|Publication number||US7184583 B2|
|Application number||US 10/695,184|
|Publication date||Feb 27, 2007|
|Filing date||Oct 28, 2003|
|Priority date||Oct 28, 2002|
|Also published as||DE10250197A1, US20040136585|
|Publication number||10695184, 695184, US 7184583 B2, US 7184583B2, US-B2-7184583, US7184583 B2, US7184583B2|
|Inventors||Manfred Ritter, Willibald Zahnleiter|
|Original Assignee||Siemens Aktiengesellschaft|
|Export Citation||BiBTeX, EndNote, RefMan|
|Patent Citations (20), Non-Patent Citations (4), Referenced by (2), Classifications (15), Legal Events (3)|
|External Links: USPTO, USPTO Assignment, Espacenet|
1. Field of the Invention
The present invention concerns an image system for processing image data in the form of grey-scale value signals and generating of an image that can be displayed on a presentation device, in particular for a medical diagnostic device, of the type having a circuit to harmonize the image data.
2. Description of the Prior Art
Image systems of the above type are known and are used primarily in connection with x-ray diagnostic devices, wherein they serve to generate a diagnostically meaningful x-ray image using the image data acquired via the x-ray examination. Such x-ray diagnostic devices have an image converter to convert the x-ray image into an electrical analog signal sequence, an image or, a video signal. Such an image converter can be, for example, a solid-state image detector. Since medical image systems generally are fashioned digitally, the supplied image signals are converted into corresponding digital values, for which the x-ray image is separated into different image points (pixels) with which different digital grey values are respectively associated. The acquired images normally are presented to the physician on a suitable monitor as grey-scale images for assessment of the diagnosis findings.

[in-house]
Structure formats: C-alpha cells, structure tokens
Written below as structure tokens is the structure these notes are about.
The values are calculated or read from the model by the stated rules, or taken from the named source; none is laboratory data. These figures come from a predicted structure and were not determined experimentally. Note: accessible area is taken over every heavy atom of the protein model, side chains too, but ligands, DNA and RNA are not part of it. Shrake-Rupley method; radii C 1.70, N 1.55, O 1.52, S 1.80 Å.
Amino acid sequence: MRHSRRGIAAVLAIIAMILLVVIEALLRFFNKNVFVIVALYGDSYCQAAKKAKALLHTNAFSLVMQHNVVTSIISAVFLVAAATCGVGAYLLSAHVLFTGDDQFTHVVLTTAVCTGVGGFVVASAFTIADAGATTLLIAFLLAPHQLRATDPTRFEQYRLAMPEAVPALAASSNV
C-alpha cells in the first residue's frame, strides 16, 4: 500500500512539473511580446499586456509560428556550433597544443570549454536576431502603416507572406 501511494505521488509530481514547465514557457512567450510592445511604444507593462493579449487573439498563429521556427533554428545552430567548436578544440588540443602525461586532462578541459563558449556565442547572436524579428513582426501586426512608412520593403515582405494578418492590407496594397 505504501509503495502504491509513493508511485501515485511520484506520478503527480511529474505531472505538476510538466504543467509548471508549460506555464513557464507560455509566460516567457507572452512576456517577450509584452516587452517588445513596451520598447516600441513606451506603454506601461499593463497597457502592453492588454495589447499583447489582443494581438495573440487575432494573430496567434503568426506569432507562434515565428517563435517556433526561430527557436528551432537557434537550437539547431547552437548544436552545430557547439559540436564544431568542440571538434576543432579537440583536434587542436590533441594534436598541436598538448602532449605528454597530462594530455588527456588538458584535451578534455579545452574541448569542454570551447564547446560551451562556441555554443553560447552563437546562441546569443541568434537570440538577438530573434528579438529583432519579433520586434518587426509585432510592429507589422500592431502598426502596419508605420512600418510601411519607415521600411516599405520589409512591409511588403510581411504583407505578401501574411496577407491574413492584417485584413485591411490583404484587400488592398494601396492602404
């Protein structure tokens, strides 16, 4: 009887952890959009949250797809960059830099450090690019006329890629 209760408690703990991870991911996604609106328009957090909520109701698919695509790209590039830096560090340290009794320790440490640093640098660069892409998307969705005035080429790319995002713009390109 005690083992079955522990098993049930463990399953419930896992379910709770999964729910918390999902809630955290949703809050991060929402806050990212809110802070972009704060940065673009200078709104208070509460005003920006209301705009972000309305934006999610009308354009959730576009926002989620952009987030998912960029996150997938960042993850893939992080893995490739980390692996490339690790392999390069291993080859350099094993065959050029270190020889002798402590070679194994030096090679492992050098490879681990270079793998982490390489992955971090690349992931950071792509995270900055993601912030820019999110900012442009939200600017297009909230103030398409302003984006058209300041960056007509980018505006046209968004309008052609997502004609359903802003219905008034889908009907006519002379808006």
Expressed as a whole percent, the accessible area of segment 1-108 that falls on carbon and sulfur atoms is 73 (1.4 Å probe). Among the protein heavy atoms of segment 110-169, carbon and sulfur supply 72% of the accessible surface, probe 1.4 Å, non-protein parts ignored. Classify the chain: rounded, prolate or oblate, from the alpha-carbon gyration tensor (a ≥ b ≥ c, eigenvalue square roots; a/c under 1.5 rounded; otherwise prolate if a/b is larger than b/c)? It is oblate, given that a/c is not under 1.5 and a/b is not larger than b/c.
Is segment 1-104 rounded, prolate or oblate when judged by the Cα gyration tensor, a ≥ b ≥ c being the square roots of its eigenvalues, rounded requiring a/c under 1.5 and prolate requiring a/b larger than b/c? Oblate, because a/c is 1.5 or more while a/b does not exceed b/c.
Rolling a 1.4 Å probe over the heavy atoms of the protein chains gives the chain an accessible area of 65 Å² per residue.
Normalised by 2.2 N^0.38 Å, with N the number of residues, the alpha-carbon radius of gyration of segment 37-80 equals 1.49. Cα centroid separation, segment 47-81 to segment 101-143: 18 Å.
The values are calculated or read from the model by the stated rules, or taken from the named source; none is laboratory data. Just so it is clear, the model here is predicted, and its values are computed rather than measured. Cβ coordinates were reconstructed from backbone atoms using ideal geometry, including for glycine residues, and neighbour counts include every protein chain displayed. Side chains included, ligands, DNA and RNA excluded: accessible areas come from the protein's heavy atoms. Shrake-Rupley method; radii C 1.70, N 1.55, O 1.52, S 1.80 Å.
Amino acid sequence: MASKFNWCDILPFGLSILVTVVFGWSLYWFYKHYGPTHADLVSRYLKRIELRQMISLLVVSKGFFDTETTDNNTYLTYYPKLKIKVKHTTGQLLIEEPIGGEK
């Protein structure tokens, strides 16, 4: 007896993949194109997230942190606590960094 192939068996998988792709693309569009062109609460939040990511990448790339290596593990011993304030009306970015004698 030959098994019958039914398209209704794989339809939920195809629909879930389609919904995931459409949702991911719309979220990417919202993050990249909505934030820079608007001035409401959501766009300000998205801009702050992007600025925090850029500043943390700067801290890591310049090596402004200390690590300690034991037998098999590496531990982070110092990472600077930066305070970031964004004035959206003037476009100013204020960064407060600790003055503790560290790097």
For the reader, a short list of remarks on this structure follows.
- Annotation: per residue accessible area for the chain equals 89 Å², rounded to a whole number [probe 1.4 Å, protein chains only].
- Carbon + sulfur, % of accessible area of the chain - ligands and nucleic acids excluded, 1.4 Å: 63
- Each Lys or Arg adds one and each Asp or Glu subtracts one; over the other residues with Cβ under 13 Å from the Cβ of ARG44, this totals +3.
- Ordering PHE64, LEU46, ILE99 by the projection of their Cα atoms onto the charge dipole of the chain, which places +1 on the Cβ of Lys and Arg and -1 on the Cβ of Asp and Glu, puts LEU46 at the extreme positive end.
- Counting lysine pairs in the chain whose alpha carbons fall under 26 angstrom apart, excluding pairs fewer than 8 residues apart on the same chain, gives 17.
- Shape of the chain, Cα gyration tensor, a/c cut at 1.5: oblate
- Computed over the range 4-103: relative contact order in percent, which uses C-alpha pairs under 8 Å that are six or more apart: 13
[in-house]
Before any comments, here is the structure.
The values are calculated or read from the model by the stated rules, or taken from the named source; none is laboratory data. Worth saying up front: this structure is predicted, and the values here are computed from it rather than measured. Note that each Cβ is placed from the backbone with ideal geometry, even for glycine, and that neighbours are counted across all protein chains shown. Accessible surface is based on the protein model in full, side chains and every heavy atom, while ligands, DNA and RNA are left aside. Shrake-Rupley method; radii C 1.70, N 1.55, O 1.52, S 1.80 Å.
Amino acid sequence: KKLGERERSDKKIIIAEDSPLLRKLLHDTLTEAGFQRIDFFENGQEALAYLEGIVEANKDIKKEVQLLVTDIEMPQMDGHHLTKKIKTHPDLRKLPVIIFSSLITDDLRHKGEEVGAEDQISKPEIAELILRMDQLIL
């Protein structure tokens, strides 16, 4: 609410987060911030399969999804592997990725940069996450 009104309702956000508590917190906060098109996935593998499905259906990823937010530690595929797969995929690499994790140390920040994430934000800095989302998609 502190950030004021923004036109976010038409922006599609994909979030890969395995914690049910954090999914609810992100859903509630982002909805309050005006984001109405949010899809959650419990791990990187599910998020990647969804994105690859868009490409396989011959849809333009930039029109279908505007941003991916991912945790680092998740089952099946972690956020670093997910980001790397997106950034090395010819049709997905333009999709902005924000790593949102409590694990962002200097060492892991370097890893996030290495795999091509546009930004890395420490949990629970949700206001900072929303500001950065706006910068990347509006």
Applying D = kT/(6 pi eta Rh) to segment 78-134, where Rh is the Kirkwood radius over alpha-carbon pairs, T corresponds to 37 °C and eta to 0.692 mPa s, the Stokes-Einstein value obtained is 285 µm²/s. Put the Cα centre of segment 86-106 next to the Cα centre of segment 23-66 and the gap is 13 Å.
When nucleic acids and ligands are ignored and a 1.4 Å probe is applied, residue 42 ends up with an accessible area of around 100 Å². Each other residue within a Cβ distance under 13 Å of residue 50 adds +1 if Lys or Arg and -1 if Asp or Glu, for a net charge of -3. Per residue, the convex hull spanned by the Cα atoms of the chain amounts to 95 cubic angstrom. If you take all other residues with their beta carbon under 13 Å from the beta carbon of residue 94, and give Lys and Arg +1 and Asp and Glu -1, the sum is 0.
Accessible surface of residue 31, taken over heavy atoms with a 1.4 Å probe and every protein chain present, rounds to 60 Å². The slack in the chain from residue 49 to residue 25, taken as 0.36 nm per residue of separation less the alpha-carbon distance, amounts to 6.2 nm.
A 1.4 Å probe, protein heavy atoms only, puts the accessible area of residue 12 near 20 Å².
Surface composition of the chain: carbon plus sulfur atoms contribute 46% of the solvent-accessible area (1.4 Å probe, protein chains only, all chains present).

Furthermore, it is known to process the acquired image data or the grey-scale value signals in order to specifically change the generated image with regard to the image impression or effect, in order to be able to extract different information from the generated image. One such image processing technique is known as harmonization, also known as DDO (Dynamic Density Optimization). In such harmonization, frequently also called Dynamic Range Control or “dynamic compensation” or “dynamic balancing,” the originally acquired image data, known as “raw image data”, are filtered with a weighted low-frequency filter, undergoing a smoothing of the image data. A shrinking of the grey-scale value range in which the image data lie ensues by this low-frequency filtering, i.e. the image overall becomes “flatter”, the contrast decreases. Although the high-pass filtering causes the higher-frequency portions to be advantageously filtered, the flattening of the image and decrease of the grey-scale value range and the contrast loss associated therewith lead to a changed image impression.
In order to be able to again compensate the “image flattening” that ensues via the harmonization, it is conventional for optimization actions to be manually applied by the physician or technician. Such actions in turn cause other image-determining parameters to be manipulated due to the manual change, such that the image impression is again changed and significance is lost. For example, the image brightness can disadvantageously be affected, so the image can become too dark or too light, etc.
An object of the present invention is to provide an image system that remedies the above problem and largely reduces the manual optimization by the physician or technician.
This object is achieved in accordance with the invention in an image system of the type described above, wherein the harmonization circuit is fashioned for automatic contrast increase by a new adjustment of the grey-scale value signals, and therewith the grey-scale value dynamic range, while retaining the C-value, that defines the center of the grey-scale value range, after the harmonization.